When I would join churches, it always shocked me how the ministries would try to recruit the new members without knowing much about their skills, abilities or talents. They clearly wanted to capitalize on the “new Christian” enthusiasm and energy that people who join churches feel initially. I always felt like that wasn’t wise, that it might be wiser for a new Christian to get at least a little more solid footing in their “Christian walk” as it is often called before they go ministering. Most times I limited myself to Sunday praise and worship services, Sunday School and occasional Bible study. But often the new Christians would greedily and excitedly sign up for everything they could; the new female members in particular seemed to want to engulf themselves with things “not of the world”. They had a vision of themselves in their mind’s eye as this devoutly virtuous God fearing, God serving woman, and that evidently required being at church every day of the week. It is almost as if these women don’t trust themselves to behave in a Christian manner outside of church with the unwashed, unsaved folk. (And don’t you dare remind them of the company Jesus kept on a regular basis, prostitutes and the like.) I often wondered what these women’s men did while these women were in church all the time. Over the years I’ve had platonic male friends with highly devout good Christian wives or girlfriends, and I could always count being able to hang out with these guys on Wednesday or Thursdays nights – the nights most often devoted to Bible study at Black churches. We could grab a bite to eat, catch a movie, watch a game, or get a drink. And it never occurred to these women that it might not kill them to skip one of these church events to tend to their men, especially if they were wives – doing that is just as much service to the Lord as anything they were doing in church. I would think a responsible pastor would send some of these women home sometimes, since they are so fond of encouraging women to be submissive to their men. But that rarely happens.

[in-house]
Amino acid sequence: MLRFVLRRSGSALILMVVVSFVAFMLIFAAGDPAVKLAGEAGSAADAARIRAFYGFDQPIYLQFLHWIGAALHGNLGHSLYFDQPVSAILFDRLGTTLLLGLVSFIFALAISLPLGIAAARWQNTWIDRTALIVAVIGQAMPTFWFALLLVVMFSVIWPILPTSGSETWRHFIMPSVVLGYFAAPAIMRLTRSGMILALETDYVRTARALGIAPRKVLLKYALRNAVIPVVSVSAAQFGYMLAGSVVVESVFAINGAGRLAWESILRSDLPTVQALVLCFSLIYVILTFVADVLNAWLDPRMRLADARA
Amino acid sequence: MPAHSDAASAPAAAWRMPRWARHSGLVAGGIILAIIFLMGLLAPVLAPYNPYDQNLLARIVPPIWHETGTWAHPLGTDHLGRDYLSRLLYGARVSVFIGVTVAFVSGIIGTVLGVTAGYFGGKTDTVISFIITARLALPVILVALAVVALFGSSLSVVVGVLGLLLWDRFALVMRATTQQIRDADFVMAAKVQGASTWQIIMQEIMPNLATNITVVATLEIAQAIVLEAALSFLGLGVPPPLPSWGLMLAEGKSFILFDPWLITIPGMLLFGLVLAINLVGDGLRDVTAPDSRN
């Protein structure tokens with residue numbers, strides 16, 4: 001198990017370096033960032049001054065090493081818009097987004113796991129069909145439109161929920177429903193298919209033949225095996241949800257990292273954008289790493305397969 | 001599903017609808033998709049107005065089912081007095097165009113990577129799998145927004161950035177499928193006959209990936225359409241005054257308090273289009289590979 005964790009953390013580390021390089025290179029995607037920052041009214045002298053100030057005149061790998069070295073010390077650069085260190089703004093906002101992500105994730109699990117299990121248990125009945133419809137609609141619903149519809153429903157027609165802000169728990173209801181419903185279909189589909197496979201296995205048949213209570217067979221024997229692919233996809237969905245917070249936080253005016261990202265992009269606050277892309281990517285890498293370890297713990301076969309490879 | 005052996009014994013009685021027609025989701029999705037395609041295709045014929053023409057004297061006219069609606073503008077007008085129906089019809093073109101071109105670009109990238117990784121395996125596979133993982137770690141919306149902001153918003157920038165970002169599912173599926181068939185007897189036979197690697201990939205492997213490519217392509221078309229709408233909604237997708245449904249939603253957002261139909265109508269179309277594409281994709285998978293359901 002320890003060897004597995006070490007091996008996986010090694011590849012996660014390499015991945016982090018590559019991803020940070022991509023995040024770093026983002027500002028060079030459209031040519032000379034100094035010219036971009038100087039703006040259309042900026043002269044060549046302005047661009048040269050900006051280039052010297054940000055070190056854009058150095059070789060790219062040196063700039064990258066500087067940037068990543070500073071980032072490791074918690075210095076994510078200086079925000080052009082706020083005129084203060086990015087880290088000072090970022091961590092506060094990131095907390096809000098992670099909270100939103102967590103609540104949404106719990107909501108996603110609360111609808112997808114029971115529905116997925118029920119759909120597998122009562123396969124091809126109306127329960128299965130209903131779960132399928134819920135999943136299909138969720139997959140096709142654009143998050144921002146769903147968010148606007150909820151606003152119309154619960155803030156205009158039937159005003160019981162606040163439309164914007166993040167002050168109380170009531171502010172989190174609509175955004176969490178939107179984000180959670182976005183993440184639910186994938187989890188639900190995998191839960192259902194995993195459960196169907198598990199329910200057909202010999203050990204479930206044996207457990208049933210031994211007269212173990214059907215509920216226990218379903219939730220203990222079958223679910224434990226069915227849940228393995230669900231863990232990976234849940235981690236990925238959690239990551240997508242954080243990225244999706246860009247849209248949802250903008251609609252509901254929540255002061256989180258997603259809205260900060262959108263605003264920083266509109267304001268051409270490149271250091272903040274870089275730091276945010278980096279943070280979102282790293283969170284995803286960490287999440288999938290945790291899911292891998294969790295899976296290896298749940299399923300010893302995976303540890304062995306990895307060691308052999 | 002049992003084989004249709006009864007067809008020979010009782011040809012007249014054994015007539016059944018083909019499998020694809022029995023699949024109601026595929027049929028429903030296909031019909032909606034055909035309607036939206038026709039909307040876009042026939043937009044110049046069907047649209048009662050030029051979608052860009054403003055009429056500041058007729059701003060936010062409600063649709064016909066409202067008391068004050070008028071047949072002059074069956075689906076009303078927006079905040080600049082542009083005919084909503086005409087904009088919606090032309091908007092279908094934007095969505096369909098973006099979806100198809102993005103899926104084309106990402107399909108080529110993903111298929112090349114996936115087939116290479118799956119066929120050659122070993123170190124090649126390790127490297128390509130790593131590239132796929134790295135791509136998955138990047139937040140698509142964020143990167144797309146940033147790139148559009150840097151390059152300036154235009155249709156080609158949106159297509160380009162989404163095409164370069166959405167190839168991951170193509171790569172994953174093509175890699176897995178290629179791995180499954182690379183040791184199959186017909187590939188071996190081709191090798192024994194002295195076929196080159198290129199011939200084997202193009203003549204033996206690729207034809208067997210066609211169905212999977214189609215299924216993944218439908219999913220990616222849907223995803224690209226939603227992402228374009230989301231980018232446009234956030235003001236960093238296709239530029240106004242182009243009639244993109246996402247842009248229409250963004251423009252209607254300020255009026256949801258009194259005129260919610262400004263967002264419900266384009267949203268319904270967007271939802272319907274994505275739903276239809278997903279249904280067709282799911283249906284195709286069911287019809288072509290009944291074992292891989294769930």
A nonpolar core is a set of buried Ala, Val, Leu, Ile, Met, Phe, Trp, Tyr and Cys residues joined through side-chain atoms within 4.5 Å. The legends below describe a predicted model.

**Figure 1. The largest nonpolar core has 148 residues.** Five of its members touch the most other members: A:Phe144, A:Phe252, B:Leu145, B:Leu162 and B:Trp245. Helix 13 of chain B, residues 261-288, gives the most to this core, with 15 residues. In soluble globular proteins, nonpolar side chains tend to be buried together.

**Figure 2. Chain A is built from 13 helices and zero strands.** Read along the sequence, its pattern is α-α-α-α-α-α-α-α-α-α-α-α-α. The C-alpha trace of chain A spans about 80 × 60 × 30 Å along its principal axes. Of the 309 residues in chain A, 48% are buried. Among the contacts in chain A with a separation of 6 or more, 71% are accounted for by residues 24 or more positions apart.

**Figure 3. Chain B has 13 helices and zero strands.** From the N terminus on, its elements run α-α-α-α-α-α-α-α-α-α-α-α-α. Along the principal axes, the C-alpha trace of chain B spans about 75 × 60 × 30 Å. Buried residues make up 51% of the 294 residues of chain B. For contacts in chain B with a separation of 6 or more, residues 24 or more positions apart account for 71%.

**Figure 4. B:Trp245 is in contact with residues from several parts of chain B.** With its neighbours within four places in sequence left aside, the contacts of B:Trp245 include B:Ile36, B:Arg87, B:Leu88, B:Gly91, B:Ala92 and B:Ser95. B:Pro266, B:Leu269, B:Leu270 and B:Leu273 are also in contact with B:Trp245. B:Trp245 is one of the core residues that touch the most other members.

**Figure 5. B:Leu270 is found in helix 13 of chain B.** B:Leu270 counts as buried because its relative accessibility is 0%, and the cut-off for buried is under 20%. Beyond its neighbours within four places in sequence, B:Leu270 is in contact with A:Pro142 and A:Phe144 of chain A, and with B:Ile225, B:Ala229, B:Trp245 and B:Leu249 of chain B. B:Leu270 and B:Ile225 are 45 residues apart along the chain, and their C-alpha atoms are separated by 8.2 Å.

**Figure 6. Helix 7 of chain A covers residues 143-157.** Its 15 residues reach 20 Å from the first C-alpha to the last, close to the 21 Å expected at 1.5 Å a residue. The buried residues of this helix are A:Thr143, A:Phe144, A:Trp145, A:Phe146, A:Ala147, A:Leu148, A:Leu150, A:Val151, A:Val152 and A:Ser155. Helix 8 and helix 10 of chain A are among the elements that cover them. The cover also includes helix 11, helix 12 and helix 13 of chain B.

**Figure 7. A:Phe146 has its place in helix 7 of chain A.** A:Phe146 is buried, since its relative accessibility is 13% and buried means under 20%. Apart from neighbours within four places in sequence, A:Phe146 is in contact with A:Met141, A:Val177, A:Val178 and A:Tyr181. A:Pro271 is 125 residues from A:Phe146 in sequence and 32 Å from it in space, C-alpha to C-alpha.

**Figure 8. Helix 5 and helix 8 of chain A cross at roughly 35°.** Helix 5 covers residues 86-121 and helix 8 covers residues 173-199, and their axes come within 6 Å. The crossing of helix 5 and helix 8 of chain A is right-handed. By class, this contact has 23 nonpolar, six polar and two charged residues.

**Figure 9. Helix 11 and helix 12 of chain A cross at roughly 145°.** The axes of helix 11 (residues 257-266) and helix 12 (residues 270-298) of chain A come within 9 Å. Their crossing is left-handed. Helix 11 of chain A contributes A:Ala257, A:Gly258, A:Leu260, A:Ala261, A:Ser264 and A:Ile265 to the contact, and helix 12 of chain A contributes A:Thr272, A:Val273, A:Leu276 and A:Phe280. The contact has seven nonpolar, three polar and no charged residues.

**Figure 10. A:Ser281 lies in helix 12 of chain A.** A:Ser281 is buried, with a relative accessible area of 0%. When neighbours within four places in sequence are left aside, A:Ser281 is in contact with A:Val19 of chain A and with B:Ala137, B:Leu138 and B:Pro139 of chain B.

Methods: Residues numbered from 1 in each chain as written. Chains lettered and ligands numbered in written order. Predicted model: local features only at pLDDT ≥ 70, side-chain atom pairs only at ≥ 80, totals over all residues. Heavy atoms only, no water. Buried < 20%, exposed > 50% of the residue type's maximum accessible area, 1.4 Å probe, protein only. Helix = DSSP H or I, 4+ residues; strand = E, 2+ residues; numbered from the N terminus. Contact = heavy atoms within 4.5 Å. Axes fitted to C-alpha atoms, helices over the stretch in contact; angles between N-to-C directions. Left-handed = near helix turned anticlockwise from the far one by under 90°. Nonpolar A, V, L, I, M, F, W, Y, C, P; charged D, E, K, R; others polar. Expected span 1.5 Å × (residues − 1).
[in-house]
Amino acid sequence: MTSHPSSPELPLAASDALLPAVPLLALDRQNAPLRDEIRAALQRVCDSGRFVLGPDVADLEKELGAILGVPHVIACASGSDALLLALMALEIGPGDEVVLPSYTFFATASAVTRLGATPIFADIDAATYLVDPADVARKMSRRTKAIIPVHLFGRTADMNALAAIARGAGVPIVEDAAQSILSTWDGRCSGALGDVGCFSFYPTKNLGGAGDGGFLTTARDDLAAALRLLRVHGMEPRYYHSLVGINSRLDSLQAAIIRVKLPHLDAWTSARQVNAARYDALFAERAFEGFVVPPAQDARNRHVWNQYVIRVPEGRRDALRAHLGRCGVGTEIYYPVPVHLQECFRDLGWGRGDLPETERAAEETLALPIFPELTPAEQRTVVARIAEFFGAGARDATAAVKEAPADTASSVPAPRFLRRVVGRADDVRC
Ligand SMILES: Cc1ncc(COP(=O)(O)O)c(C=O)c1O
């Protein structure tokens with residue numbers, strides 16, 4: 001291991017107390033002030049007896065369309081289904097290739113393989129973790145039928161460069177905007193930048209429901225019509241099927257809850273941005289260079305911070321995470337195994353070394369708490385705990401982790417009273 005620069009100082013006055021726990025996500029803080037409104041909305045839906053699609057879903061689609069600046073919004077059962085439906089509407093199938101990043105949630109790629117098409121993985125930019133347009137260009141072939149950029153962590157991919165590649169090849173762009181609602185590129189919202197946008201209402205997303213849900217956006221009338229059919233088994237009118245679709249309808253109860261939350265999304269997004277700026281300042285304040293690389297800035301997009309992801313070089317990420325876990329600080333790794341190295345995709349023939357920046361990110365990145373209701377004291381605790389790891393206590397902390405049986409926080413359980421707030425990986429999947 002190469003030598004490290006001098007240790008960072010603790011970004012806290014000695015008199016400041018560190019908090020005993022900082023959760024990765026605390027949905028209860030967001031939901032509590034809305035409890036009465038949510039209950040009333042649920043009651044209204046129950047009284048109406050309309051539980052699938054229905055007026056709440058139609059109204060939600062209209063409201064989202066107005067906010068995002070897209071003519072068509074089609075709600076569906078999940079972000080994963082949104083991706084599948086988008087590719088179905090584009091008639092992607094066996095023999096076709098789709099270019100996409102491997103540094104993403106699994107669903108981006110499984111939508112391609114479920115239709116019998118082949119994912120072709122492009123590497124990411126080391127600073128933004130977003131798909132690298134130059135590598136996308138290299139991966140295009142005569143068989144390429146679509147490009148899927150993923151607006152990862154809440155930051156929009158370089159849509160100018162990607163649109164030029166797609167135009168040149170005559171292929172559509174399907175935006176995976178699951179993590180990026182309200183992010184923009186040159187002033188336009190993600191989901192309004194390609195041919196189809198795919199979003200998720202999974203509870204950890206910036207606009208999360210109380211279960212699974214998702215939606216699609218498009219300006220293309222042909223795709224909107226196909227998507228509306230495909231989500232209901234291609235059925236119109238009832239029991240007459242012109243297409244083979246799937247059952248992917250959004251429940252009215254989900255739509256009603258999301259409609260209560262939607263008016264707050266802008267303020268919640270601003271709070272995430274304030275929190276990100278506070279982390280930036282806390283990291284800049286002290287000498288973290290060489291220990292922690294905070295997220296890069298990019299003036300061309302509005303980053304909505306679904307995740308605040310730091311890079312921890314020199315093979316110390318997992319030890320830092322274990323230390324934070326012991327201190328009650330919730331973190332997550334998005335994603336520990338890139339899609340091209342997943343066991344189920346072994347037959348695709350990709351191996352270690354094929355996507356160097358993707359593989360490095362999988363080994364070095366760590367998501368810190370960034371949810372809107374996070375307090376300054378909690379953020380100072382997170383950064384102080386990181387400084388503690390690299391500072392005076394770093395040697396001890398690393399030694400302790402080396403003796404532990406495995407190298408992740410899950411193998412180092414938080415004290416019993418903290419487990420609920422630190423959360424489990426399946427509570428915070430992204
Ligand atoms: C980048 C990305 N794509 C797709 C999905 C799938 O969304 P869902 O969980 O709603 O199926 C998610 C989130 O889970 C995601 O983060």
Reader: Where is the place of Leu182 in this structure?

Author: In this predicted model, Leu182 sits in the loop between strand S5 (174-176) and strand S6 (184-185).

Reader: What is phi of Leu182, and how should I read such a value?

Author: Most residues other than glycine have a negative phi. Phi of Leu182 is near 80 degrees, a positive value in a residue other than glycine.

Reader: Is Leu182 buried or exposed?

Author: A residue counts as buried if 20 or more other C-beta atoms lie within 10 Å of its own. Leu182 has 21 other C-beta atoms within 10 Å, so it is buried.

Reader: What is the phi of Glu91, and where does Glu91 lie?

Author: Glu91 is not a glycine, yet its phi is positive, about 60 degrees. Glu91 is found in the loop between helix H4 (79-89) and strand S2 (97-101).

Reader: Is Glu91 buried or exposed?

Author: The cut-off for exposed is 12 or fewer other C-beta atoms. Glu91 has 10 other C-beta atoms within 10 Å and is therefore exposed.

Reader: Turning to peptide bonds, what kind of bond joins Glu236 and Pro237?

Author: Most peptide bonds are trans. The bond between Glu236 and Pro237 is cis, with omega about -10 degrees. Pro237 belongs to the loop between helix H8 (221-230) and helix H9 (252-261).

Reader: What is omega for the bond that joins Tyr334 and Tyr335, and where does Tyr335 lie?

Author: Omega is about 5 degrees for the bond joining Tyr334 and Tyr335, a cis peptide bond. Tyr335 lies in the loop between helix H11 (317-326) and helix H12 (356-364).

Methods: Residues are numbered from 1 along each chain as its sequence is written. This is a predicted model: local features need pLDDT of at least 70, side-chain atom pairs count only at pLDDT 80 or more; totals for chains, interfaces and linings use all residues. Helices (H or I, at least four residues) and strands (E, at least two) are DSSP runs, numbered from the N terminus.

Ms. Cooper also says, “…In most Black churches marriage is held up as the ideal state of existence; women that remain single are deemed to have some major flaw in attitude or ability. Thus, no single woman in the church wants to remain single because women are expected to marry and to bear children. For sistahs in the church, the pressure from family and fellow church members to marry can be so intense it may motivate her to make a fear-based decision to marry someone totally inappropriate.”

For that statement I have three words — “Single Women’s Ministry”.